Monday, October 15, 2012

Meet Steve Rodney

From time to time we'll bring you a biographical post introducing one of the astronomers writing for the CANDELS blog.  This week, we introduce Steve Rodney.  You can find his earlier posts here.

View of Hanauma Bay on Oahu.
Currently I'm a postdoctoral researcher and a Hubble fellow at the Johns Hopkins University (JHU) in Baltimore, Maryland. Before landing here on the shores of the Chesapeake, I was a graduate student at the University of Hawaii Institute for Astronomy. Several of my classmates from Hawaii are also part of the CANDELS team: Dale Kocevski, Liz McGrath, and Jeyhan Kartaltepe were all Hawaii grad students while I was there. We're now scattered across the country, but team meetings give us the occasional opportunity to reminisce about shave ice, moonlight surfing, and Andy's sandwich shop

Me and the kids in Baltimore.
JHU is a great place to be, and I am very lucky to be working here with some fantastic people… but unfortunately living in Baltimore is a source of some significant environmental stress for me. Not because of the drugs and crime of Baltimore (excellent dramatizations notwithstanding, Baltimore is actually a great city to live in). No, I'm referring to the deep emotional trauma that comes from growing up a fan of the hapless Cleveland Browns, and now watching my 4-year old daughter wearing her Ravens jersey to pre-school. (If you're not an NFL fan, then think of the Ravens vs Browns as Manchester United vs Liverpool, but imagine Liverpool is hopelessly inept over many decades. If you're not a soccer fan either, then... well, nevermind). I can only hope that my daughter will eventually outgrow this phase of moral depravity.

One of the conversations that will come up for most any astronomer from time to time is the discussion of "Why astronomy?" Sometimes this is about personal choices: "Why did you choose to become an astronomer instead of a chemist or a doctor?" For myself, astronomy has always been a study that I was drawn to because of the stories. As a kid, I read the legends of Greek mythology, and was fascinated to find them echoed on the sky in the constellations. I loved to trace the stories of ancient heroes, gods and monsters that were painted across the heavens. Later, the study of physics opened up for me the fascinating stories within the stars, from the birth of a star incubated in a dusty envelope of gas, to the fragile beauty of stellar death throes. Studying astronomy takes these wonderful images and unfolds them to reveal the complex puzzles and deep mysteries of the universe. For me personally, this was the hook that drew me in.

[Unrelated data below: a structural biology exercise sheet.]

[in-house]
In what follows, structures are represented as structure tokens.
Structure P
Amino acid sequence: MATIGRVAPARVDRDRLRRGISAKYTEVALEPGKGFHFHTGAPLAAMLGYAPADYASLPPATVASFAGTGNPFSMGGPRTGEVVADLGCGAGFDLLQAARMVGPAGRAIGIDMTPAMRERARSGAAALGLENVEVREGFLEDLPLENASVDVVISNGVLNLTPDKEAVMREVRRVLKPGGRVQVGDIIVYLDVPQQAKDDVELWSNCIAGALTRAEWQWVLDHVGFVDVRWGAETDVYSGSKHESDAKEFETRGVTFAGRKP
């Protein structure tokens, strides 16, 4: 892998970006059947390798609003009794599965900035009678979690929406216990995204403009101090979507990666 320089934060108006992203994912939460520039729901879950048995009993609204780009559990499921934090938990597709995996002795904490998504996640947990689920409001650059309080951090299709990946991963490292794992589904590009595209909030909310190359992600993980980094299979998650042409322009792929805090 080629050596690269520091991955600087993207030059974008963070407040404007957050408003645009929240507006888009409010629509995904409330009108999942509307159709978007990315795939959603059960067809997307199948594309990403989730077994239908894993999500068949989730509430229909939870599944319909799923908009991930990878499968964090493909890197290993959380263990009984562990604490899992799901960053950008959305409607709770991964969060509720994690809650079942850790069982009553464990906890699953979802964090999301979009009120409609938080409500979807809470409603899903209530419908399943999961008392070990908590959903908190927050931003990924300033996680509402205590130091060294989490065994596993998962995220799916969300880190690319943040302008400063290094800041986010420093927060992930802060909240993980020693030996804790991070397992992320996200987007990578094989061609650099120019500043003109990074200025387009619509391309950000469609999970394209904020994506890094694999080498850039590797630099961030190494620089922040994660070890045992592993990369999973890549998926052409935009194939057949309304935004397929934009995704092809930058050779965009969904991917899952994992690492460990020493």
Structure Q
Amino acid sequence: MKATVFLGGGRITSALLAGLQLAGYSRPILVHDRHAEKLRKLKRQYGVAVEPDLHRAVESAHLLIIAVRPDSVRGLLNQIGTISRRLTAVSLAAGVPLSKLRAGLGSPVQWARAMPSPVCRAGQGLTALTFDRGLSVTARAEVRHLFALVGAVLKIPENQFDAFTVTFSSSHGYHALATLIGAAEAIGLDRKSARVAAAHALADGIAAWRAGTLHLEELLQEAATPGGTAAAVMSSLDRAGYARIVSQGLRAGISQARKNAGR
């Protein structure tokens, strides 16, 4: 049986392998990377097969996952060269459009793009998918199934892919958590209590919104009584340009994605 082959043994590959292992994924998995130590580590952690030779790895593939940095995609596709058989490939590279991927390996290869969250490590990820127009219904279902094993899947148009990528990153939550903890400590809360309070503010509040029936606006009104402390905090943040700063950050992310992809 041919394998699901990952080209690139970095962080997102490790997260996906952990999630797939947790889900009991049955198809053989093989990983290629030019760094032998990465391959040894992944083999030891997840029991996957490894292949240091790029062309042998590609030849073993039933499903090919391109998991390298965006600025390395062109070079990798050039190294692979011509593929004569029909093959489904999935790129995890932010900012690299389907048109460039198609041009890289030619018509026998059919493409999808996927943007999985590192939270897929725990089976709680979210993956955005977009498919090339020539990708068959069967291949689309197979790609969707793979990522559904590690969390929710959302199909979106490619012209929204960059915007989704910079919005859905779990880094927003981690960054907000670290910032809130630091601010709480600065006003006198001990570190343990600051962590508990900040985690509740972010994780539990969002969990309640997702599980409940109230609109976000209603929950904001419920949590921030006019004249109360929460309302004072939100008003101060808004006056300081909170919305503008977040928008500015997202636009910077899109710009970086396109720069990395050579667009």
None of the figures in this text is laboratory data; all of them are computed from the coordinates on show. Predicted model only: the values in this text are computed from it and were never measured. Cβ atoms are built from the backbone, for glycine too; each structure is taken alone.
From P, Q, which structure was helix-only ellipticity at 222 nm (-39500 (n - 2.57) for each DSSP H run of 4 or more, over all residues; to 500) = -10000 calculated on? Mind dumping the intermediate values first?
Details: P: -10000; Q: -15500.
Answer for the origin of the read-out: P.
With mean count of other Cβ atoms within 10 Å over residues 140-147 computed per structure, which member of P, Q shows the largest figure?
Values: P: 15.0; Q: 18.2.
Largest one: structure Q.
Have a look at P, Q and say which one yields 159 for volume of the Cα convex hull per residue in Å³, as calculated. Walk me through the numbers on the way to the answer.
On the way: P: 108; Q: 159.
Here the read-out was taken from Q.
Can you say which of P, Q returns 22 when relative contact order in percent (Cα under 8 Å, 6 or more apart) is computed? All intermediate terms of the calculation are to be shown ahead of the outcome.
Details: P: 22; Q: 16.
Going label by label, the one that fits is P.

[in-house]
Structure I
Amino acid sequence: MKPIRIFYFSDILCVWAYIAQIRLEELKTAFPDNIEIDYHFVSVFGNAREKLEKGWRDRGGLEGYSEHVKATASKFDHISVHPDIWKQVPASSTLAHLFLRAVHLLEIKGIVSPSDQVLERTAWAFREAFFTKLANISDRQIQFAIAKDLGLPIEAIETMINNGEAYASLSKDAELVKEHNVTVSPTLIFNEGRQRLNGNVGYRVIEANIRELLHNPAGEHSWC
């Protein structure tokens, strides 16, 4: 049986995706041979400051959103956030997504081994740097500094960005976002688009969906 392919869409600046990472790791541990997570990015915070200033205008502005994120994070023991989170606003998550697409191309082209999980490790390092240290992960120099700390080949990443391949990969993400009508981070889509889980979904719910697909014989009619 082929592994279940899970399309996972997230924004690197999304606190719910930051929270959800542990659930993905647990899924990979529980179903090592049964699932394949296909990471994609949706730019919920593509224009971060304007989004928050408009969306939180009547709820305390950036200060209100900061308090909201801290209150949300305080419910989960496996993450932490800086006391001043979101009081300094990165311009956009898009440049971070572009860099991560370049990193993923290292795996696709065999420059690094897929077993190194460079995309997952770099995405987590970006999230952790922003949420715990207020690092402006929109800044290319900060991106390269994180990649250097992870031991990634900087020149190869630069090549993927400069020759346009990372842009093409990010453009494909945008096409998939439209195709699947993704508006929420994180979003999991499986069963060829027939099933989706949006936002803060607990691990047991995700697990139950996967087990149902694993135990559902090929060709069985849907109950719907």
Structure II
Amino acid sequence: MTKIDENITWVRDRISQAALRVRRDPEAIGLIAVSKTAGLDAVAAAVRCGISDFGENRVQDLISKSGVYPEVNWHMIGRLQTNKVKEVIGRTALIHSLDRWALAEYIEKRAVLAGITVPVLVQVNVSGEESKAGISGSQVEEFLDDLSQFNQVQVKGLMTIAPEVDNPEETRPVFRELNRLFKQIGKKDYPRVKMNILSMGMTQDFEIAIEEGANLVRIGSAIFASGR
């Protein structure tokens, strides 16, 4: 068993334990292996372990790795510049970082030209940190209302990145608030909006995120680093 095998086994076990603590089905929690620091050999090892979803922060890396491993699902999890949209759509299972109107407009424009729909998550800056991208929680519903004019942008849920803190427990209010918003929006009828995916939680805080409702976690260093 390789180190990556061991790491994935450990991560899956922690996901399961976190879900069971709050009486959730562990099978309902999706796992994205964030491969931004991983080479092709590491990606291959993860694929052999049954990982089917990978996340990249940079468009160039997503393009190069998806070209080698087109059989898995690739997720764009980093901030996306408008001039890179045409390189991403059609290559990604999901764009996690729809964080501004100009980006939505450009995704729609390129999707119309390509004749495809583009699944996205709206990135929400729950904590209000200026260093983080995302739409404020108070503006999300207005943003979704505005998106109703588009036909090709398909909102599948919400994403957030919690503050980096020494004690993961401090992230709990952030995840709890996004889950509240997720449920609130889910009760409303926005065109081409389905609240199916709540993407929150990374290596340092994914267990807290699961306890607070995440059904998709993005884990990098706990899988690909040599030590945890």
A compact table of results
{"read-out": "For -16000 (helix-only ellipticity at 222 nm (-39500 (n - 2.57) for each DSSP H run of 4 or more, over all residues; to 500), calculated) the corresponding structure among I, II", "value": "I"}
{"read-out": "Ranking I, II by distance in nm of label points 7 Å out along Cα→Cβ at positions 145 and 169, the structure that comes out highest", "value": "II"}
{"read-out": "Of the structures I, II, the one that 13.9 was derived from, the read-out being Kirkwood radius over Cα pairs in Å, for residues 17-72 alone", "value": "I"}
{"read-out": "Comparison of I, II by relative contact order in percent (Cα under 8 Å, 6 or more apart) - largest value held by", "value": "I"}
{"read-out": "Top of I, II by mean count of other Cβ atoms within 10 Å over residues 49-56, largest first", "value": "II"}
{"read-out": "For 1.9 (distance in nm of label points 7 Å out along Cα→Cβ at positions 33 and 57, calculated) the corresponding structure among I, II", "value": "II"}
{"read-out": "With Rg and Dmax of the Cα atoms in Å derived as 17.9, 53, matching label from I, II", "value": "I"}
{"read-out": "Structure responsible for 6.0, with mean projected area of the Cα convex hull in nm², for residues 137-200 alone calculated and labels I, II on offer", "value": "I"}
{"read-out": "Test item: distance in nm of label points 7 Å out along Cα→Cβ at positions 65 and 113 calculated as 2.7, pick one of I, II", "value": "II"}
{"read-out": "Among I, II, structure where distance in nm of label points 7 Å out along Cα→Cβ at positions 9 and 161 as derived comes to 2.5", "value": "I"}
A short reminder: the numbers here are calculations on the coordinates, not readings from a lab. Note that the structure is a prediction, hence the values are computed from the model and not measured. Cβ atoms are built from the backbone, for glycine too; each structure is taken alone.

Cherry blossoms and the Jefferson
Memorial in Washington, D.C.
Sometimes the "why astronomy" question is framed more broadly: "OK, maybe astronomy is great for you, but what practical use does it serve in our society?" A glance at recent Nobel Prizes can illustrate this very legitimate question. Astronomers won a Nobel prize in 2011 for discovering Dark Energy. Exotic and fascinating, but also intangible and wholly disconnected from everyday human lives. In contrast, the recently announced 2012 Nobel prize in chemistry recognizes advances in the understanding of G-protein-coupled receptors (GCPRs). This work is fundamentally connected to drugs used in the treatment of a wide range of ailments, from common allergies and high blood pressure to breast cancer and schizophrenia. One might look at these two fields and legitimately question whether we as a society should be investing so much (both in dollars and in human capital) in the study of distant stars, when there are real problems with real people that can be addressed with other avenues of scientific exploration. 

I think this is an important question, and a conversation that we astronomers and fans of astronomy should have more often and more publicly. Especially in a time of tight budgets for research funding and significant skepticism about the value of science in general, we all should have a coherent argument for why basic research is important. For me, the answer is that the pursuit of understanding is a fundamental quality of humanity. What separates us from other species on this planet is our ability to consider the universe, to seek a deeper understanding of how it works and what is our place within the grand cosmos. In a way, astronomy is a bit like poetry, art and music. It is a discipline that provides its own reward by enriching our lives. We astronomers should never forget that it is a special privilege to be able to devote ourselves to this task, and that we have a responsibility to share what we learn with the world around us. 

Sunrise over Maui, viewed from Makapu'u point on Oahu.

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